To the editor:

Soon Atlantans will have a better idea about the kind of leader Mayor Kasim Reed will be. Can he lead? Will he break the chains of the “good ole boy” insider way of doing business that led to the failed results of at least the last two administrations, leaving Atlanta nearly bankrupt and many of the city departments in disarray?

The matter at hand is selection of Atlanta’s new police chief. Mayor Reed announced a well-thought-out, above-board process for selecting the chief. He needs to live by the process he announced and select a chief who was recommended by that process.

This will send a signal that there will finally be a new way of doing business at City Hall.

During the campaign, Reed said he would base the success of his first term on his handling of the crime issues facing the city.

Reed appointed a diverse and competent 12-member committee in February to help him find the next chief. Russell Reynolds, a highly respected professional search firm, volunteered to do a pro bono search to find highly qualified candidates for chief. The committee submitted a list of three candidates to Reed’s transition team. Reed was to choose the new chief from that short list.

But once the names got to Reed’s transition team, it appears politics started to intervene. The team asked the committee to reconvene and add two more names to the list, apparently because former Deputy Chief and now interim Police Chief George Turner’s name was not on the original list.

Turner’s name was not on the short list because the nonpolitical process had found three people who were believed to be more qualified.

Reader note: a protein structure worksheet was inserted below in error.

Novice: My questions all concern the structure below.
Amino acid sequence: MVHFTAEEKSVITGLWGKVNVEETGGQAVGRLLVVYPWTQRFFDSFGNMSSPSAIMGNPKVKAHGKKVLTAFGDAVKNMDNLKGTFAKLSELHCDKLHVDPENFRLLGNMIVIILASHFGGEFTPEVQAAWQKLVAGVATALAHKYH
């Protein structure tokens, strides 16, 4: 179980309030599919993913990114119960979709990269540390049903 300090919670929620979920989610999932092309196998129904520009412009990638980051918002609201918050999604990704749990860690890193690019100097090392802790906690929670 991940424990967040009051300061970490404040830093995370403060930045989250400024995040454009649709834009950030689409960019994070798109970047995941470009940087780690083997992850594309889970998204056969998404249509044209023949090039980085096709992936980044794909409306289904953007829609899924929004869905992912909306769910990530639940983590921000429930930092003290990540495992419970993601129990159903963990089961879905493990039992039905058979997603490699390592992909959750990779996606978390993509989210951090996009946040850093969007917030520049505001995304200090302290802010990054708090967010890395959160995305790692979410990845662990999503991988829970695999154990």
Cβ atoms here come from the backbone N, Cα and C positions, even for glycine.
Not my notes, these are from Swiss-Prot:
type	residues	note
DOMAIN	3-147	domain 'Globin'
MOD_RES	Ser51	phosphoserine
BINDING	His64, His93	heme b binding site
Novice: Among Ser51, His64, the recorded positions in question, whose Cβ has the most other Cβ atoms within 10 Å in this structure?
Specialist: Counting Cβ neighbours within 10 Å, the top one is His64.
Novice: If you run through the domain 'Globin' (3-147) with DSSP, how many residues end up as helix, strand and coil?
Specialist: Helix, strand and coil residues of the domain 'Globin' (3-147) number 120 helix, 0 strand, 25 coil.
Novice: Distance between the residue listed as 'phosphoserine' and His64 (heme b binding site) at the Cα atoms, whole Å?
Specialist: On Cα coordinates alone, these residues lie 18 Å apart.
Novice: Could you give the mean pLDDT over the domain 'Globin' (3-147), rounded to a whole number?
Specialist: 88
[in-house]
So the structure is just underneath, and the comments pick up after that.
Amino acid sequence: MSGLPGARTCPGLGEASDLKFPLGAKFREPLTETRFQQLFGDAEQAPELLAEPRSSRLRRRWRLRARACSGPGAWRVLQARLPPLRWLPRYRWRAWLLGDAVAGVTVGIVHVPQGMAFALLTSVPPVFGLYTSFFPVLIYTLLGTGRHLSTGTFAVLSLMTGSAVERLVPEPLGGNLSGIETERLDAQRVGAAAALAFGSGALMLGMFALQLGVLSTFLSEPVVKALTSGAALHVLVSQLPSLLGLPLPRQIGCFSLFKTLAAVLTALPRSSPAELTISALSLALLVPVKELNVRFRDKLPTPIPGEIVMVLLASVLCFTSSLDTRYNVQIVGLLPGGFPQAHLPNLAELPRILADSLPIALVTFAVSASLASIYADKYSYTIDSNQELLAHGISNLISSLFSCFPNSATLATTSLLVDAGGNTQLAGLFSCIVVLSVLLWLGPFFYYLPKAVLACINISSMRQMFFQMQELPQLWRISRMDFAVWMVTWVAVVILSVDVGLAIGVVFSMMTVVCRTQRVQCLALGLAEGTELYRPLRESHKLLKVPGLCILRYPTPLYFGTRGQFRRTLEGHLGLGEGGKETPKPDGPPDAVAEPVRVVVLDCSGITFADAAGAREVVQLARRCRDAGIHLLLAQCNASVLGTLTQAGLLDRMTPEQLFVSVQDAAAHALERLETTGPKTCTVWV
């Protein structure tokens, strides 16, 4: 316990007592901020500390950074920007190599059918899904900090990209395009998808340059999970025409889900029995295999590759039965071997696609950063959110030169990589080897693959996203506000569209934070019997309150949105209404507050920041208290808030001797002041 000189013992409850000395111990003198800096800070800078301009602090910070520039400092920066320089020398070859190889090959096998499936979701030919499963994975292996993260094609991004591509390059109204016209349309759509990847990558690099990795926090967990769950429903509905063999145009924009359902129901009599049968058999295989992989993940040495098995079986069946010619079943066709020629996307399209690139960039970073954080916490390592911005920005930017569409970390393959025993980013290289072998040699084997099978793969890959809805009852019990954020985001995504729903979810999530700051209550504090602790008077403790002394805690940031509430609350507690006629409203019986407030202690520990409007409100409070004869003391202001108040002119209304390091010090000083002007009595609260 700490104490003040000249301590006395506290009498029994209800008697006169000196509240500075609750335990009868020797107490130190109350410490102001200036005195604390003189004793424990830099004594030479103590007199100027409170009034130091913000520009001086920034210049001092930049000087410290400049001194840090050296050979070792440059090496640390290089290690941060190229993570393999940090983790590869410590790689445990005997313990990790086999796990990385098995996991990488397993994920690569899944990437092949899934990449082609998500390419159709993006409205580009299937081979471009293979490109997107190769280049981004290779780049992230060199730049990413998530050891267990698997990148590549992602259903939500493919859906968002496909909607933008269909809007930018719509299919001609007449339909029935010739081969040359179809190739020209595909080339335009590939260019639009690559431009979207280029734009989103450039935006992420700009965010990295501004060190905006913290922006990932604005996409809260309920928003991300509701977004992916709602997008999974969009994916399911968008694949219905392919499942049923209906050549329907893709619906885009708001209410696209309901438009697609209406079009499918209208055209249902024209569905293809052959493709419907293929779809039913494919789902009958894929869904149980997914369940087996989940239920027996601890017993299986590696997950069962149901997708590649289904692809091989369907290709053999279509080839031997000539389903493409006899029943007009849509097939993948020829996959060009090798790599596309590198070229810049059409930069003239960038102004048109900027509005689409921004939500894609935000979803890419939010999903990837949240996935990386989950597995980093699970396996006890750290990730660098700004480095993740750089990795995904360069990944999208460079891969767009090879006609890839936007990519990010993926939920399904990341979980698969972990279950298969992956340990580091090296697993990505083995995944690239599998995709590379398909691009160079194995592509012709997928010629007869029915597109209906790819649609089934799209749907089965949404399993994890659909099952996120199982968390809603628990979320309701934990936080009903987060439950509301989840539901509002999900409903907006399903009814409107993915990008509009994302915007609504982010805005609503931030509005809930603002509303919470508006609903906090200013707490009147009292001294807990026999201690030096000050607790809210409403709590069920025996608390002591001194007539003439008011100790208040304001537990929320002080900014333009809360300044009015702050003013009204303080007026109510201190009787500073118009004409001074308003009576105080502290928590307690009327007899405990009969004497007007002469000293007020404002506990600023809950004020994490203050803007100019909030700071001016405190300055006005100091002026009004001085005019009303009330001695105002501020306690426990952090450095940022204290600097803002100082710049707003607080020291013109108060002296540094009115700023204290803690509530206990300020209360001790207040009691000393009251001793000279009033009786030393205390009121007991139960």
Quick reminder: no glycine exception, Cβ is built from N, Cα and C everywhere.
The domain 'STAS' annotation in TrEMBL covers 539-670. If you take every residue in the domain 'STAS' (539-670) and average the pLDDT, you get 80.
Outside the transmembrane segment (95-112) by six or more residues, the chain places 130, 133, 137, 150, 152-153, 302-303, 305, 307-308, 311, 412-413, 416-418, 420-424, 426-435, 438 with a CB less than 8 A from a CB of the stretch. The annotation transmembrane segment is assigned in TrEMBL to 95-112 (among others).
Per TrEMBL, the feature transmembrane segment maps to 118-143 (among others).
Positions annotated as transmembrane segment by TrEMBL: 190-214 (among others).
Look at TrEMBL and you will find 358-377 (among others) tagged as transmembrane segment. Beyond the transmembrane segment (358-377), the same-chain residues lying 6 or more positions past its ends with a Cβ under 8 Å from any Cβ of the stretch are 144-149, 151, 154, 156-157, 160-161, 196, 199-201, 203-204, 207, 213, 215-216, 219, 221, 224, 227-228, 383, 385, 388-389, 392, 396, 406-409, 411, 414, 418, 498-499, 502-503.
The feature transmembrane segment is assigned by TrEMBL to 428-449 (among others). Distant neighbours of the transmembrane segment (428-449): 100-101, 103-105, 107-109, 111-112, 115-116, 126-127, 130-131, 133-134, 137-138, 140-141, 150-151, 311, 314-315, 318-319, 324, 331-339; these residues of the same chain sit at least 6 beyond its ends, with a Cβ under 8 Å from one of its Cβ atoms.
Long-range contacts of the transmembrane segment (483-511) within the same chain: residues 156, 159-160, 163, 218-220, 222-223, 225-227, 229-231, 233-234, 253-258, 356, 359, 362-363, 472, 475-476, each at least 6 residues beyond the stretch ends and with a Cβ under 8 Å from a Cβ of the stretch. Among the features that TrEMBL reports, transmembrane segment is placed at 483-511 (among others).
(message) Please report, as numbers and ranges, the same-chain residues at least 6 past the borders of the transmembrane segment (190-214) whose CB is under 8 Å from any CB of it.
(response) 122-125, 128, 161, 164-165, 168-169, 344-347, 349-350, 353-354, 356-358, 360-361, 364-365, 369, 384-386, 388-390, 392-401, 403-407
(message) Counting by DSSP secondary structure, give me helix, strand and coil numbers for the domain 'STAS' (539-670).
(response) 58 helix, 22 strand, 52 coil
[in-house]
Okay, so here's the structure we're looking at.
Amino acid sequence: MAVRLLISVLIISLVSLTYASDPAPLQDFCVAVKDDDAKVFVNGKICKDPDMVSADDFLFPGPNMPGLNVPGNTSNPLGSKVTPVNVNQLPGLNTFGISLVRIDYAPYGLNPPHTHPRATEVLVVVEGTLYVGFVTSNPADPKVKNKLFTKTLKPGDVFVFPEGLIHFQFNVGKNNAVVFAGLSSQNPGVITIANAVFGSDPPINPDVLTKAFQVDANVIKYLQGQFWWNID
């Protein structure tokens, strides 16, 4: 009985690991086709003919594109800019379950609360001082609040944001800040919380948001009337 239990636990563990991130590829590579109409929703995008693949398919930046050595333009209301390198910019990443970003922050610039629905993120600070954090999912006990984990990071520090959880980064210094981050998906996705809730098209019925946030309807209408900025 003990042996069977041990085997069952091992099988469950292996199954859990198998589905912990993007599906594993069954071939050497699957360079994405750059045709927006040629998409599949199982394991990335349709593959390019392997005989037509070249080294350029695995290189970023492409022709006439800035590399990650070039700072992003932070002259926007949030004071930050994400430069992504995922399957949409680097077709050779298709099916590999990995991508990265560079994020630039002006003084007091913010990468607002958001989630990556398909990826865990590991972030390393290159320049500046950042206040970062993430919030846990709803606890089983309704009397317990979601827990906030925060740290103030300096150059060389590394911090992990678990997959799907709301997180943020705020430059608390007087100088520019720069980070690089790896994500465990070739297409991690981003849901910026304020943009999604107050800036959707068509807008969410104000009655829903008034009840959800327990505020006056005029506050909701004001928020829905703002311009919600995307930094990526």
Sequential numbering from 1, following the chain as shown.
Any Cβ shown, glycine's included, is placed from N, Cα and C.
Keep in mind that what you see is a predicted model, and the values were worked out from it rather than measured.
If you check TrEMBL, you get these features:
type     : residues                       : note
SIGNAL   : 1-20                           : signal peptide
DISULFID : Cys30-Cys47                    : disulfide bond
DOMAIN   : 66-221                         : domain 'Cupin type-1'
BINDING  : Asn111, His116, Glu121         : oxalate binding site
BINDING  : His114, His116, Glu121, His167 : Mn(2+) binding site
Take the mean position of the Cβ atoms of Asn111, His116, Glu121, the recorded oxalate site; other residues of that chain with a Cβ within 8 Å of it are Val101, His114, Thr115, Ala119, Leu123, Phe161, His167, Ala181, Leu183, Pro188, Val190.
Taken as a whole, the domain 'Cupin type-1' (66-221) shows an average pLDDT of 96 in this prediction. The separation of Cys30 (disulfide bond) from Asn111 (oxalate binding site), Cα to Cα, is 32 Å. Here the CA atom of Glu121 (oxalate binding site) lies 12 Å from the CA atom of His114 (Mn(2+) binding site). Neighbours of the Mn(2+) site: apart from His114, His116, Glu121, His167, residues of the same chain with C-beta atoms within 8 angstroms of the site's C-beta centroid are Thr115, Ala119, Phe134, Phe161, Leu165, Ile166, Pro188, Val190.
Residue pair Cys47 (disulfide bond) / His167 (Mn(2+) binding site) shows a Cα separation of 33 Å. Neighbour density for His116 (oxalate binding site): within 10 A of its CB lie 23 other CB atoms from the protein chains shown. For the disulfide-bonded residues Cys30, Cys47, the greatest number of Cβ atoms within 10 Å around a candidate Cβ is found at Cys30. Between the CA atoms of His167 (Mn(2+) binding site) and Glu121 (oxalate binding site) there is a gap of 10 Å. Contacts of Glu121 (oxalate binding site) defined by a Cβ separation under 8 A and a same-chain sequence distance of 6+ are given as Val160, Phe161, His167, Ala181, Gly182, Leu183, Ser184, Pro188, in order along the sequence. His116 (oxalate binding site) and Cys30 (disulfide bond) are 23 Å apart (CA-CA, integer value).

This month the mayor announced “his” three finalists, removing one name recommended by the committee and inserting, instead, George Turner!

Insiders believe that former Mayor Andy Young is one of the outside-the-process forces putting pressure on Reed to make Turner the chief. (Turner was Young’s driver when Young was mayor, and they have remained good friends.) Also, insiders believe that transition team leader Lisa Borders wants Turner as chief. There are probably others from previous administrations putting pressure on Reed, too.

A few leaders and their groups have had a stranglehold on the city administration for a long time. This cronyism has created a city that is no longer productively functioning, filling Atlanta government for years with people who are not competent to do the job (and in some instances were corrupt).

Will Reed have the courage and leadership to break away from this cronyism?

In the Police Department, this has led to many disastrous consequences, such as the pension debacle; the overall question of police pay (e.g. no step increases in six of the last eight years); the furloughs; the low morale because of absentee leadership; the “victim” mentality within the ranks of the department because of the policies being forced on them with no real access to the mayor and leaders in City Hall; the high attrition rates; and the growing disconnect between police administrators and rank-and-file police.

These things were happening under Chief Richard Pennington’s leadership. Deputy Chief Turner was part of that administration and must carry some of the blame for the failures of the Pennington administration.

Atlanta desperately needs strong leadership and a fresh perspective in the Police Department. Turner carries the baggage of previous administrations. The Pennington/Turner era needs to end.

What Reed needs to do: Live by the process he announced

Go back to the short list of three candidates for police chief submitted by the search committee, which conducted a national search based on merit.

Appoint one of those people police chief now!

Decisions, like picking a police chief, are never free of politics completely, but the politics can be diminished by adhering to the above-board process Reed originally announced. Reed must show Atlanta citizens he can lead. To do that, he has to overcome one of his major weaknesses coming into the mayoral job — namely, his reliance on the leadership of past administrations. Breaking free of these chains will be good for him and the citizens of Atlanta.

Lynn L. Irwin